Internally, the staff is dealing with a virus that no one knows.
Before telling the public to wear a mask, before the elbow bulge becomes a new handshake, all symptoms are not known. Not long ago, thousands of people began to fall ill and die in New York City, and New York City quickly became the second hardest hit by the virus.
The Life Care Center appealed the ruling. In September, the state administrative judge mainly supported the Kirkland Life Care Center, not the state investigation results, which imitated the federal investigation results.
The judge said that the state agency “provided very little evidence that the facility actually did not meet any expected standards of care or did not follow public health guidelines.”
The federal appeal has not yet been decided.
Changes made since the outbreak in March
Initially, there were not enough coronavirus tests, and it took several days to get results. Now they conducted a quick test that took several minutes.
In some rooms, there are three patients. Now, if the distance between them is appropriate, reduce it to one or two.
Before contracting the virus, the agency accepted as many as 124 patients. Now they set its upper limit to 97.
At that time, people have been worried about the lack of personal protective equipment. Now, a nearby facility has a large room filled with masks, gloves and other equipment.
However, 10 months after the initial virus outbreak, the chairs of the family members remained outside the windows of the room. The room number is written on the window.
That has become a semi-permanent fixture, because visitors are still not allowed to enter the interior.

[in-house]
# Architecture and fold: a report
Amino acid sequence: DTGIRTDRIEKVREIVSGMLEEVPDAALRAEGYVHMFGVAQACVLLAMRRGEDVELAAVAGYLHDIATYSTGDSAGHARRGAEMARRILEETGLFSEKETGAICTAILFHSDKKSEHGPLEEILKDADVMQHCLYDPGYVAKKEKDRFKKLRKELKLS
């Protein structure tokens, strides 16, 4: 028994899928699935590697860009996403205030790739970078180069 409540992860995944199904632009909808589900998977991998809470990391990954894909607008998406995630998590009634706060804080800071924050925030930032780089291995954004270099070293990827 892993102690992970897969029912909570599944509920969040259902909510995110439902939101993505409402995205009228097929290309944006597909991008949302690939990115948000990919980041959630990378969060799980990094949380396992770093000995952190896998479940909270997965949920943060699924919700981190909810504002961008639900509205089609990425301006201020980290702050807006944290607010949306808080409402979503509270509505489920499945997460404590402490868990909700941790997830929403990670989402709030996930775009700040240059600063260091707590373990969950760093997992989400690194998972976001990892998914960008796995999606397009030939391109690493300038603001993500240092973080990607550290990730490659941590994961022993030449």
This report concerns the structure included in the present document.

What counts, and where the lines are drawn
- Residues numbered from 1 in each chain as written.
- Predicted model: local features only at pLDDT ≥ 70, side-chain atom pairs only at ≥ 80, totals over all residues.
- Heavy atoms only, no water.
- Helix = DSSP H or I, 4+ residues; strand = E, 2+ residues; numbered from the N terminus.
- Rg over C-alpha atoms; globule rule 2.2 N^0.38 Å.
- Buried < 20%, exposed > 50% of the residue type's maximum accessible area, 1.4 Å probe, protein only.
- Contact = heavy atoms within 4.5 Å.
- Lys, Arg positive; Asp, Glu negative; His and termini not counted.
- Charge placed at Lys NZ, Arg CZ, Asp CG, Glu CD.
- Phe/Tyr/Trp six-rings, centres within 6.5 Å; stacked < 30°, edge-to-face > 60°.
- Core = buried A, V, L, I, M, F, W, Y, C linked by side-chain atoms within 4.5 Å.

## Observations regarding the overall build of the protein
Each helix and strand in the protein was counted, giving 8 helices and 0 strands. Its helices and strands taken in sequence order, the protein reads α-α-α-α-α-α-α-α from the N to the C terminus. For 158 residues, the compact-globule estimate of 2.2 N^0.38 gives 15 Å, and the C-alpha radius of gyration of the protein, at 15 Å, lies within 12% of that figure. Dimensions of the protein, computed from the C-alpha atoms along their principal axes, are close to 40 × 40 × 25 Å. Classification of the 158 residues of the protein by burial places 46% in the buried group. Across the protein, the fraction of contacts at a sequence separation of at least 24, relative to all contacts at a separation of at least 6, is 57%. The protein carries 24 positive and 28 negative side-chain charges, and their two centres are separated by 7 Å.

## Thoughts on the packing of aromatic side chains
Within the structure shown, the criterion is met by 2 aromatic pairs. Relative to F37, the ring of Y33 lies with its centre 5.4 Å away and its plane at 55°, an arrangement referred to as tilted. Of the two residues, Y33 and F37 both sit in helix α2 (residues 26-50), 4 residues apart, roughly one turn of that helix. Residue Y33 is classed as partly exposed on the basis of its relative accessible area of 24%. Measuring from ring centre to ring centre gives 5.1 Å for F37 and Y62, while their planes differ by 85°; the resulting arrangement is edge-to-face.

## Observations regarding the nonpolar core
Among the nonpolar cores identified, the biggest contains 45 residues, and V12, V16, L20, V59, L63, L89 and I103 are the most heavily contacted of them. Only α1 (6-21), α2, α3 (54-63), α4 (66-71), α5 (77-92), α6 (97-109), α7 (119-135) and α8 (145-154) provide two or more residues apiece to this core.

No family members hold hands or hug and kiss. It’s too dangerous, the virus is too easy to spread. The staff now knows this.
At first, Earnest was a registered nurse. She informed doctors and members of the Centers for Disease Control and Prevention of the information she had seen on patients. Now, they are constantly getting updates and new security agreements from government agencies.
Covid-19 affects employees inside and outside nursing homes
Butner said that what people don’t usually think about is that workers must fight the virus in the workplace and at home.
Earnest lost an uncle on Covid-19 this year. Therefore, before Christmas, she must “talk” with her mother to understand how she wants to die.
“If she understands, what does she want? Does she want to sit on a ventilator or…let go?”
This was the hardest conversation she had with her family. But she said she could not avoid it. No one should.
It is terrible when they are taken away and cut off from the world, and you don’t understand their wishes. She said, sometimes you won’t say goodbye.
Seriously, she hopes that this vaccine will make these conversations less urgent. But not everyone in the nursing facility wants it.
She said: “Before receiving vaccine education, we conducted a survey of the staff at the facility. Twenty percent said no, never. They will not get vaccinated.”
She said that currently, the American Life Care Center has not enforced it. the reason is simple.
She said: “We will not lose 20% of our employees at all.” “Another effect of this virus is the extreme shortage of all healthcare personnel.”
She hopes that the number of educated people will decrease.
For the physician assistant Christy Carmichael, her decision to buy the vaccine surprised everyone. Last week, she promised a patient who survived Covid-19 that she would be able to get the vaccine.
“I said yes. Unfortunately, she passed away,” Carmichael turned into tears after being vaccinated. “I did promise her that she would get it, so it’s a pity that she didn’t see this today.”
CNN’s Leslie Perrot and Mallory Simon contributed to this report.